Peach, anyone can grow a plumeria! As long as you have a grow season with night temps over 60. Plumeria goes to sleep as soon as temps drop below about 50. The plant itself will tell you when it is time: the leaves will begin to curl, then yellow, then drop. Take it in the house and sit it in a closet with the vacuum. It requires only that you don't water it...it will kindly wait for spring, temps over 50, and you moving it into morning sun to kick-start it again. Once you see it "pushing horns" give it a drink of water and you're off to the races!

    However, leave it to even a light frost and it will be certain death.
    But like I said, the plant will tell you well ahead of time, if you heed the signs.

    Note: plumeria flowers on old wood only, and then branches at the base of the inflo
    If you trim to encourage branching you must wait a season for flowers on those branches, however if there were flowers on the branch you removed, it will bloom if you go ahead and root it
    (no water before roots!!!).
     
  9. Kimi

    Kimi Well-Known Member

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    This is great! I'm going to enjoy this thread!
     
  10. gypzy

    gypzy New Member

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    It's probably too late in the season now but come spring we should all go to our local WallyWorld and bring home one succy to photo, upload, and discuss. Fun stuff!!!
     
  11. gypzy

    gypzy New Member

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    sempervivum italicum

    [​IMG]

    Rome: [​IMG]
    UK: [​IMG][​IMG]
     
  12. gypzy

    gypzy New Member

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  13. daisydotell

    daisydotell Well-Known Member Past Donor

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    Frangipangis I love that name better than plumeria. My neighbor always called them franzytanzies. She thought it was so neat that I had salvaged them from someones clippings. Gypzy I am so glad you said no wet root.. Mine I just stuck in a hole and covered the dirt in and they never missed a beat. Some people would never believe that. They grew into beautiful plants.
    I also rooted a gumbo limbo the same way and a strangler fig. The strangler fig eventually had to go because he invaded the drain field...lol. That was a bit of a mess.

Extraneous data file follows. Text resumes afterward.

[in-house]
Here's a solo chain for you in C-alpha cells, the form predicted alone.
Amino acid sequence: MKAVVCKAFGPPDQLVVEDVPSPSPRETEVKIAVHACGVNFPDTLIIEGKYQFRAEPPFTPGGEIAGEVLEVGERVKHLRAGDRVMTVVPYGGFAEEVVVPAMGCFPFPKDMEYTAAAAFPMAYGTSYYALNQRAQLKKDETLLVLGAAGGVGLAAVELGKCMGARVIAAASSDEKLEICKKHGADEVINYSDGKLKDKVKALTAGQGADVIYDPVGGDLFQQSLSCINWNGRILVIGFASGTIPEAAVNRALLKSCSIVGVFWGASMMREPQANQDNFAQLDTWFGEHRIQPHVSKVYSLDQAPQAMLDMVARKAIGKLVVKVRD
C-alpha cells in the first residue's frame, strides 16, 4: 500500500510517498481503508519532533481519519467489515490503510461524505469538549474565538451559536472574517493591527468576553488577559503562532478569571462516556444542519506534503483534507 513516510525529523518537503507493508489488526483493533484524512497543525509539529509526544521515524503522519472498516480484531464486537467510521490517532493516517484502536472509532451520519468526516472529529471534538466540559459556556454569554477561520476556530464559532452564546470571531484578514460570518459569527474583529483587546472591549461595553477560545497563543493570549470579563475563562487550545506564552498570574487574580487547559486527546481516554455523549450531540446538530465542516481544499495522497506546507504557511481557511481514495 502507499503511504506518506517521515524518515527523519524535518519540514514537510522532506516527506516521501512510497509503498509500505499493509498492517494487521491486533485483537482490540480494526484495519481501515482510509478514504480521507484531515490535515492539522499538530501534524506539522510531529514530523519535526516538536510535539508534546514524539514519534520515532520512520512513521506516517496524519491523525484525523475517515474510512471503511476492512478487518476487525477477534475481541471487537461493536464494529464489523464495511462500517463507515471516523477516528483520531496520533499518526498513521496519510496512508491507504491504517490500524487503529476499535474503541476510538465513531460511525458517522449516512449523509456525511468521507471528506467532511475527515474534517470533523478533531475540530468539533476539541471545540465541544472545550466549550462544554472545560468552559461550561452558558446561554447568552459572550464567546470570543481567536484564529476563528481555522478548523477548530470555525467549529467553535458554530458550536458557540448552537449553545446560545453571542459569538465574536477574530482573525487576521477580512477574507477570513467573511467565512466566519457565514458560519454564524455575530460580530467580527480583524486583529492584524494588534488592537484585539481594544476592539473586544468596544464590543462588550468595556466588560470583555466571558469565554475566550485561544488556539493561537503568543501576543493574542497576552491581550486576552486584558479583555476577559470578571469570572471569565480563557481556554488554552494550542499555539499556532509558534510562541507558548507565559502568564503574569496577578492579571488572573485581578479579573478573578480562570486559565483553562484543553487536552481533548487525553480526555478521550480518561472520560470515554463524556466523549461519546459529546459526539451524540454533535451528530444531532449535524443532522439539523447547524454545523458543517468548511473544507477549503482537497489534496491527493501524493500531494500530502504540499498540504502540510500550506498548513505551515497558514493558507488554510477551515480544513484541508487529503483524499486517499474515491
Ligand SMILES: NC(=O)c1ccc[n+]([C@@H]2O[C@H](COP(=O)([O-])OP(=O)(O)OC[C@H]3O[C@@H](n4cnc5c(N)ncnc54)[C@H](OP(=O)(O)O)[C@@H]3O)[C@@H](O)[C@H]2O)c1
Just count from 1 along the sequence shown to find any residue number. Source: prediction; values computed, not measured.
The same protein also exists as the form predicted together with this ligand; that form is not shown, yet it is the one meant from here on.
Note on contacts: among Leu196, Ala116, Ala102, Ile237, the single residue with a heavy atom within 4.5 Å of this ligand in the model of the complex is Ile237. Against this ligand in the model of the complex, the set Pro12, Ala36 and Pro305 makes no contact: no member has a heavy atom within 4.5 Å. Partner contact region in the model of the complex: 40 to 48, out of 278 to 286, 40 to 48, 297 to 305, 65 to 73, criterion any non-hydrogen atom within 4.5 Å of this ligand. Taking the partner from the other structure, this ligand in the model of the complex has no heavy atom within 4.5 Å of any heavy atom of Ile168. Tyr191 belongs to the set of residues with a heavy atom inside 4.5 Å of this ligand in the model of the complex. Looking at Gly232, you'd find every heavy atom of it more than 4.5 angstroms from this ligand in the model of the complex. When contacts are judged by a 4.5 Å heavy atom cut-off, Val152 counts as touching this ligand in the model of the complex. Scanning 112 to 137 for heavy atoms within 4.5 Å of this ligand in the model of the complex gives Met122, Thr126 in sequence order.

14. Trinnity

    Trinnity Banned

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    You're killing me daisy.

    I got up after looking at this thread and went shopping. Couldn't find much.
    Got some hens and biddies and some coral carpet sedum.

    [​IMG]
    I know I can keep them outside all winter, but will they live if I bring them in and they don't get a lot of sun?
     
  15. daisydotell

    daisydotell Well-Known Member Past Donor

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    The one you are calling Van Keppel was a gift. My bug lady saw my sempers and she said I have something for you. She brought me a piece and I put it in a pot and it just loves life. It has filled 4 pots.. You may have as much of it as you want. It just loves to live and it is not particular about how it is treated. If it were a person it would be the type that just loves everyone..lol.
    I have another one that I almost killed it is all rose colored and temperamental is not the word for this one. I hold my breath hoping it will live and multiply but it is stingy with wanting to do anything.
    Once upon on a time an aloe called tiger aloe. The cold killed my aloe last winter and I haven't replaced it but it was just the common variety. I like to keep aloe for burns.
     
  16. gypzy

    gypzy New Member

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    And since we are on Sempervivums (aka Hen&Chicks aka house leeks), I thought I'd share some lovely arrangements I ran across while surfing.

    Inspiration:
    [​IMG] s. arachnoid (not my fav plant but Love the pot!)
    [​IMG] even a brick will do
    [​IMG] great play on subtle hues!
     
  17. daisydotell

    daisydotell Well-Known Member Past Donor

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    I bring my plants in when there is going to be a hard freeze and take them back out after the threat is over. I can't trust them to take care of themselves outside. Sometimes I put them on the porch and cover them with polar fleece to keep them warm.
    Gypzy may have better infor..She is more the expert....I am still learning.
     
  18. daisydotell

    daisydotell Well-Known Member Past Donor